correct • elegant • free

△ Why Haskell Is My Favourite Programming Language △

◅ Types

Lazy ▻


or, Referential Transparency

Consider this simple statement:

x = x + 1;

I intended that as C, but it could be almost any language, perhaps with minor variations (even Scheme has the (set! x (+1 x)) equivalent). We all know what the statement means. But, then, what does x mean? It means one thing before that statement is executed, and a different thing afterwards.

Well, no, you're thinking, really x is not a value, but a reference to a location that holds a value. (Algol 68 had this about right, where the declaration of x in this case would be ref int x;.) And, y'know, this is a way of thinking about programming that I'm as used to as you are. It works. But it may not be the best possible way to write programs.

One thing that x = x + 1; clearly isn't, is the language of mathematics. (Some old-fashioned programming languages would use := here to indicate that something a bit fishy is going on, but Dennis Ritchie felt, rightly enough, that that's just pointless extra typing.)

At college, one of the modules was Denotational Semantics. It is an attempt to work out what computer programs actually mean. I enjoyed it not at all. Like formal program construction, it seemed to require an enormous amount of effort to say almost nothing about tiny toy programs. And a huge amount of the pain in semantics comes from the necessity of dealing with statements like x = x + 1;.

Haskell, as you've probably anticipated, takes a different approach: equals can be substituted for equals. In any given scope of a binding, a name has precisely one meaning. Haskell is, in this respect, a bit like a restricted subset of C where you cannot say int x;, only int x = <something>, and you are not allowed to assign a different value to x afterwards. (In this bizarre world you're not allowed to assign to function arguments either.) Haskell is also rather like mathematics.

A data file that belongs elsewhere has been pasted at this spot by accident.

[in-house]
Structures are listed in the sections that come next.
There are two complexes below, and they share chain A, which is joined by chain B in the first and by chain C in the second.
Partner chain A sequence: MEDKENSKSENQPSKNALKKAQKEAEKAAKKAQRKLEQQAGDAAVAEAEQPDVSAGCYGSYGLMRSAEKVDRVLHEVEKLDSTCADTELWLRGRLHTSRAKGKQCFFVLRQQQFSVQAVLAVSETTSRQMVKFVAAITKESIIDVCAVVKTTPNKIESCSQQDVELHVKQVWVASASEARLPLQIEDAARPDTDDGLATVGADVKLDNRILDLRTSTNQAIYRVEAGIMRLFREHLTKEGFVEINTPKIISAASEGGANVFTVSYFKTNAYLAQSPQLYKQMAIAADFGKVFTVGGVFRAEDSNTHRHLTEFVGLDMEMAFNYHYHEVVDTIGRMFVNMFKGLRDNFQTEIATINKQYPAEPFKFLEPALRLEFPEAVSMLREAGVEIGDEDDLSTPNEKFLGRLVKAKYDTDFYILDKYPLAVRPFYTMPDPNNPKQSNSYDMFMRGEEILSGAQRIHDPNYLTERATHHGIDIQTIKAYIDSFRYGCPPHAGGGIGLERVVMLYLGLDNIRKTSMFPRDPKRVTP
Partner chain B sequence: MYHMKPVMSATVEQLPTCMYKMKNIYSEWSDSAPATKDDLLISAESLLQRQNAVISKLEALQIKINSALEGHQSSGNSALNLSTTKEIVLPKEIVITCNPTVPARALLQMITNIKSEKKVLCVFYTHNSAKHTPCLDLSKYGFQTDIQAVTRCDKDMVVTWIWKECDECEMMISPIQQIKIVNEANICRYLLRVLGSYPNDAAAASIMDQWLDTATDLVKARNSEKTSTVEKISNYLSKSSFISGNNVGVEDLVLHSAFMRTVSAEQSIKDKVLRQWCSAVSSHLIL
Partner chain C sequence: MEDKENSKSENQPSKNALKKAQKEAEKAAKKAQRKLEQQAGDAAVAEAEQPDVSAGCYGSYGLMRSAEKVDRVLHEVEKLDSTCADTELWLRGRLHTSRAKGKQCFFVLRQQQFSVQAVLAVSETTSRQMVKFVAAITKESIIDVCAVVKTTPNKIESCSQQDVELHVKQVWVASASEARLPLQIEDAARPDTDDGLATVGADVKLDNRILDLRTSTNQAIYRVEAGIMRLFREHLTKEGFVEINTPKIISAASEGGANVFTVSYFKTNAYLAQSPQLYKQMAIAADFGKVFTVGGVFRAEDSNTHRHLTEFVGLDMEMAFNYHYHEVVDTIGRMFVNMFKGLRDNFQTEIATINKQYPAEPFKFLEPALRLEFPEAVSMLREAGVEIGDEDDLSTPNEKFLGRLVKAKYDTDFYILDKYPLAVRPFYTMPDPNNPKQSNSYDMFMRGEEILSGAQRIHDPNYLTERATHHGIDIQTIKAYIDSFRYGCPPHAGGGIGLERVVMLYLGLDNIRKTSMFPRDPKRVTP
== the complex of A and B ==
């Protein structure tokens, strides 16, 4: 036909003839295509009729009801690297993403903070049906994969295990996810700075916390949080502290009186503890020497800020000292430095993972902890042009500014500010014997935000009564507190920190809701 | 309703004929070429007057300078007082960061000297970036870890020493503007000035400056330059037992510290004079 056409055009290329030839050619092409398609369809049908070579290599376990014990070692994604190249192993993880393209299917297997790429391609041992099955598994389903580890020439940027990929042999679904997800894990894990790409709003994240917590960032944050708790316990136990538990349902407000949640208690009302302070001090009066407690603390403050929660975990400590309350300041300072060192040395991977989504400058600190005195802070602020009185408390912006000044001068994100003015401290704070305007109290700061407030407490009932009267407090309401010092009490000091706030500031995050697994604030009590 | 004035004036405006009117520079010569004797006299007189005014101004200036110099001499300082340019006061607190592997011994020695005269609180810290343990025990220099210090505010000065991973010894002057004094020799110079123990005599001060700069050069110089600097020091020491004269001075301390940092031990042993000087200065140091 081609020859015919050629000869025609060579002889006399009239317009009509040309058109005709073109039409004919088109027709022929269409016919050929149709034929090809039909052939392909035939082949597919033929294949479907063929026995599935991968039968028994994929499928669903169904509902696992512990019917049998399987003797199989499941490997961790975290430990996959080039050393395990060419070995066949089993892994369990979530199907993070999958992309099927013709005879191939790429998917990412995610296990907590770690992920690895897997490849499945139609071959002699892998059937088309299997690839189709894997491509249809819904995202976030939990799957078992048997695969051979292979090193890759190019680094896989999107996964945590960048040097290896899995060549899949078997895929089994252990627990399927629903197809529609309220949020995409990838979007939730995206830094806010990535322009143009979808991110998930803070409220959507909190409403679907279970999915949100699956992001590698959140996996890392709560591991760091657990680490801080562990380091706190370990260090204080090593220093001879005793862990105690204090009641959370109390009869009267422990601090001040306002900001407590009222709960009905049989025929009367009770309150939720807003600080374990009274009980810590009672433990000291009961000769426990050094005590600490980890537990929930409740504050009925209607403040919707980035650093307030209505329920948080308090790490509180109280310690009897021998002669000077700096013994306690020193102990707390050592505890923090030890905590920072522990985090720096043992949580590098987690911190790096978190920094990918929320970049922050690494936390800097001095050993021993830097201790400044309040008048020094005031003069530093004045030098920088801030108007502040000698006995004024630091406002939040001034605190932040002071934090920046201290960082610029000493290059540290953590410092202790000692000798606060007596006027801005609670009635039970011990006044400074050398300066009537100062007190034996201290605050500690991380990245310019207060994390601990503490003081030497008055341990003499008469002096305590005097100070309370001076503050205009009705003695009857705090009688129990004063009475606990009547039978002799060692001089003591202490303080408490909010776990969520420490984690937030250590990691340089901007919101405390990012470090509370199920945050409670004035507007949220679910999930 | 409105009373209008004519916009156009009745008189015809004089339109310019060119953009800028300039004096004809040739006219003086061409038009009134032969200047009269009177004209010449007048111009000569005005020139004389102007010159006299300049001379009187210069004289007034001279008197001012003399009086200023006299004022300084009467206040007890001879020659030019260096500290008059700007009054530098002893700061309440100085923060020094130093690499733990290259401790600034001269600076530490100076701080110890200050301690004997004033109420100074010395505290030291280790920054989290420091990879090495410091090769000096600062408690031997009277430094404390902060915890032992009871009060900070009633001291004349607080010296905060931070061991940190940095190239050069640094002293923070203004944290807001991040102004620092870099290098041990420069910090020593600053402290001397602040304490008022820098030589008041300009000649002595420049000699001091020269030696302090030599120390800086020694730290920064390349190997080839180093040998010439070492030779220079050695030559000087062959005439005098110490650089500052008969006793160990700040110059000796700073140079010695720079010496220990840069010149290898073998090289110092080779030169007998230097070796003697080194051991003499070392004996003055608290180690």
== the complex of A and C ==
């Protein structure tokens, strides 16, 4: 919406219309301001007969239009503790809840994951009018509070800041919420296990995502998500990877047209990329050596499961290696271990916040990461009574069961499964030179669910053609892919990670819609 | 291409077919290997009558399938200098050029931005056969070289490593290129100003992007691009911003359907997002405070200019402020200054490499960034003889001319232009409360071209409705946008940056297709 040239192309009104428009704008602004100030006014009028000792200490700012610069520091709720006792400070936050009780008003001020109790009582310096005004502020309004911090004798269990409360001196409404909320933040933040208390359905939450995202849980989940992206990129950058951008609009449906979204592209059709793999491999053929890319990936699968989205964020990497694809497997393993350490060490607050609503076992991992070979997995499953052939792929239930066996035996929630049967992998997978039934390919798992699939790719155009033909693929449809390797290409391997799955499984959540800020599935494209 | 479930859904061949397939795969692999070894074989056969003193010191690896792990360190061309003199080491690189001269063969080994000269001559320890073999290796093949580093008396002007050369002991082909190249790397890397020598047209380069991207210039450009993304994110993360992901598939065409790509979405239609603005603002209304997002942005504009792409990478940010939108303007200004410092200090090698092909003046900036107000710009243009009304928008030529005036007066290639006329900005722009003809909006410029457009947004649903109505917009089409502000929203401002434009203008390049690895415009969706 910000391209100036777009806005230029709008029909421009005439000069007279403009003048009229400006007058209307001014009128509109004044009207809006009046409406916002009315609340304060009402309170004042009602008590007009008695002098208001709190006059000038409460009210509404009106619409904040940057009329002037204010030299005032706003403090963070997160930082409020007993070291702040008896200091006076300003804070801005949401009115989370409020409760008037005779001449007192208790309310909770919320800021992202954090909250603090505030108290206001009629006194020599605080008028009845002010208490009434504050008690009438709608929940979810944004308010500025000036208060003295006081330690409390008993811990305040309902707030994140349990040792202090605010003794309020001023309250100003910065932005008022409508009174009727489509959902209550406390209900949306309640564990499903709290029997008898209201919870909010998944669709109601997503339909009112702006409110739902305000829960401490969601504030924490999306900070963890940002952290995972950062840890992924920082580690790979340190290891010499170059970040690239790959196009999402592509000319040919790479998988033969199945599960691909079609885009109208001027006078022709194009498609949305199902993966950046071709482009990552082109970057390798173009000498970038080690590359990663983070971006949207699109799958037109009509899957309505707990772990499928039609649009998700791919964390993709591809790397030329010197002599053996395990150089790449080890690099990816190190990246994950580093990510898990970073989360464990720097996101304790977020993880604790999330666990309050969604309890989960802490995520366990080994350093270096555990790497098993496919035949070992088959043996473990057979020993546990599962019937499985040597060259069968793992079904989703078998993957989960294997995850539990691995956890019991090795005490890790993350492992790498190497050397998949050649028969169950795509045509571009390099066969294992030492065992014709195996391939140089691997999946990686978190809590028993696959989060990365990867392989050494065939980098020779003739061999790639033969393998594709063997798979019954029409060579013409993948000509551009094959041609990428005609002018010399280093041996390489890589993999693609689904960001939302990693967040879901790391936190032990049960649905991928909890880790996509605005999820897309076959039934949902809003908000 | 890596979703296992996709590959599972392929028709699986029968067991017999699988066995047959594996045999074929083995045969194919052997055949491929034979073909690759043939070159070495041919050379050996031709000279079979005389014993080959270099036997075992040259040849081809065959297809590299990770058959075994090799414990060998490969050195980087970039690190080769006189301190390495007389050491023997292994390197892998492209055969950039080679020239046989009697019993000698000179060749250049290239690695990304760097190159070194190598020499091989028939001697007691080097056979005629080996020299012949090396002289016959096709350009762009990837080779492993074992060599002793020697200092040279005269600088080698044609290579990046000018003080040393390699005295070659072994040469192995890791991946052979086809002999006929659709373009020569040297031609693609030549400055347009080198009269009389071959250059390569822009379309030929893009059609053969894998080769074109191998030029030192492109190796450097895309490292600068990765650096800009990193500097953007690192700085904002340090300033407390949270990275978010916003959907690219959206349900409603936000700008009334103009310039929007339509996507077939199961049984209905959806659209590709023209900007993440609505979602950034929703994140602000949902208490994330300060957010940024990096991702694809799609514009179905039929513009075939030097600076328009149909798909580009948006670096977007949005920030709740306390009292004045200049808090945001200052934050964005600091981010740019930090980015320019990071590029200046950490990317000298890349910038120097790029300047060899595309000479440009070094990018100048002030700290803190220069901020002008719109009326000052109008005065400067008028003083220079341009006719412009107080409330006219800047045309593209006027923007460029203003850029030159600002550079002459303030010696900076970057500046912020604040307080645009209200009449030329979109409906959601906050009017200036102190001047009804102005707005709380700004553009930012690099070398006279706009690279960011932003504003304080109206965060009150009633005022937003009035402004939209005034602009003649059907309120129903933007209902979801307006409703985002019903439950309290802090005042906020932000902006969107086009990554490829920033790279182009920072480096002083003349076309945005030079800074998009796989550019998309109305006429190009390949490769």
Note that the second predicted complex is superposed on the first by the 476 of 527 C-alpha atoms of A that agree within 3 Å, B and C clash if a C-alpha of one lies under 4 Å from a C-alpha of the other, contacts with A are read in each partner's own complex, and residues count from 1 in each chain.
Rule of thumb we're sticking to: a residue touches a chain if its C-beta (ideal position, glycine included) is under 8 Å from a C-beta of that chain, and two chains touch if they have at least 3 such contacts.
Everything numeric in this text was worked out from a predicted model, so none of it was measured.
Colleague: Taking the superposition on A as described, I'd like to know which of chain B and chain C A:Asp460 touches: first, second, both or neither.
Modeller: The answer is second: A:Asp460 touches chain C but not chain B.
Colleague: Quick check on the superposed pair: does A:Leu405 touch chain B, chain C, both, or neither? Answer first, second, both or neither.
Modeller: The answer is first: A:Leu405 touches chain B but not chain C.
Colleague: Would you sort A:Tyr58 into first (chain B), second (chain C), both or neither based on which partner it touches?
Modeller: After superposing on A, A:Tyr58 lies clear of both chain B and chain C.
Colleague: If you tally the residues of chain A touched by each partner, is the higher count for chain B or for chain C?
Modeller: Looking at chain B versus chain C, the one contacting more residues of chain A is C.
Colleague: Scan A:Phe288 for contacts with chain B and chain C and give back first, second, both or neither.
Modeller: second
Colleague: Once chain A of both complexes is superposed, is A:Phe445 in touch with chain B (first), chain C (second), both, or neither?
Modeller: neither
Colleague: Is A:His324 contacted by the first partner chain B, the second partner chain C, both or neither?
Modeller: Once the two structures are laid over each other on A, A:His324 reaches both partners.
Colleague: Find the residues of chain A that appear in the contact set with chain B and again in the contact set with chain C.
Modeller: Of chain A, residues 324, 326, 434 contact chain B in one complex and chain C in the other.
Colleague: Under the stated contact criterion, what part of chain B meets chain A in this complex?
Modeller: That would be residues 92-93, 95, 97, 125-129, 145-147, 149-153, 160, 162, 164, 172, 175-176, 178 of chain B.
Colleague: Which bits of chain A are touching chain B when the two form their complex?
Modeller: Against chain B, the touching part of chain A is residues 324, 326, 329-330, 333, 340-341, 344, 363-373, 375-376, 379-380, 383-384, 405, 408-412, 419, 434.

As a trivial example, in the last chapter we had:

asciiList str = map ord str

The first thing a mathematician, or a Haskell programmer, would do with that equation is to knock the str off both sides. And indeed, if a seasoned Haskell programmer bothered to define asciiList at all, they would undoubtedly write:

asciiList = map ord

Referential transparency, or "equals can be substituted for equals", has far-reaching consequences. For a start, it means thinking in a quite different way about programming (not unlike the way you have to think in SQL, or XSLT, or maths): it's not just a cutsey trick to write asciiList = map ord. There is a cost to thinking this way, but also enormous benefits.

Referential transparency means that the formal meaning of your programs is much clearer and simpler. You might not care too much about formal semantics (I don't) but this also means that the compiler has a much clearer idea what your program means. Instead of being a list of instructions which will only work if followed in order, it becomes a description of a computation, which the compiler is able to optimize in ways which knock cc -O2 into a cocked hat (again, not unlike a SQL query optimizer). We'll see some examples soon.

There is a huge class of nasty bugs that disappear with referential transparency. It enables understandable parallelization, and I strongly suspect that parallel computing would already be more important than it is if only we had languages that made it more understandable (and I'm certain that parallel computing will become ever more important in the future)

Incidentally, you can say in Haskell:

let x = x + 1 in x

but that actually represents an infinite loop. In the language of formal semantics, the value of x is ⊥ (which should look a bit like _|_), also known as "bottom". What ⊥ really means is that x doesn't have a value: the computation either fails to terminate (as in this case), or results in a run-time error. (As an example of the latter, head [] ⇒ ⊥, which you should read as "head of the empty list reduces to bottom", this time with a run-time error).

Finally, the most important thing about referential transparency is that it enables lazy evaluation, but that's the subject of the next chapter.

△ Why Haskell Is My Favourite Programming Language △

◅ Types

Lazy ▻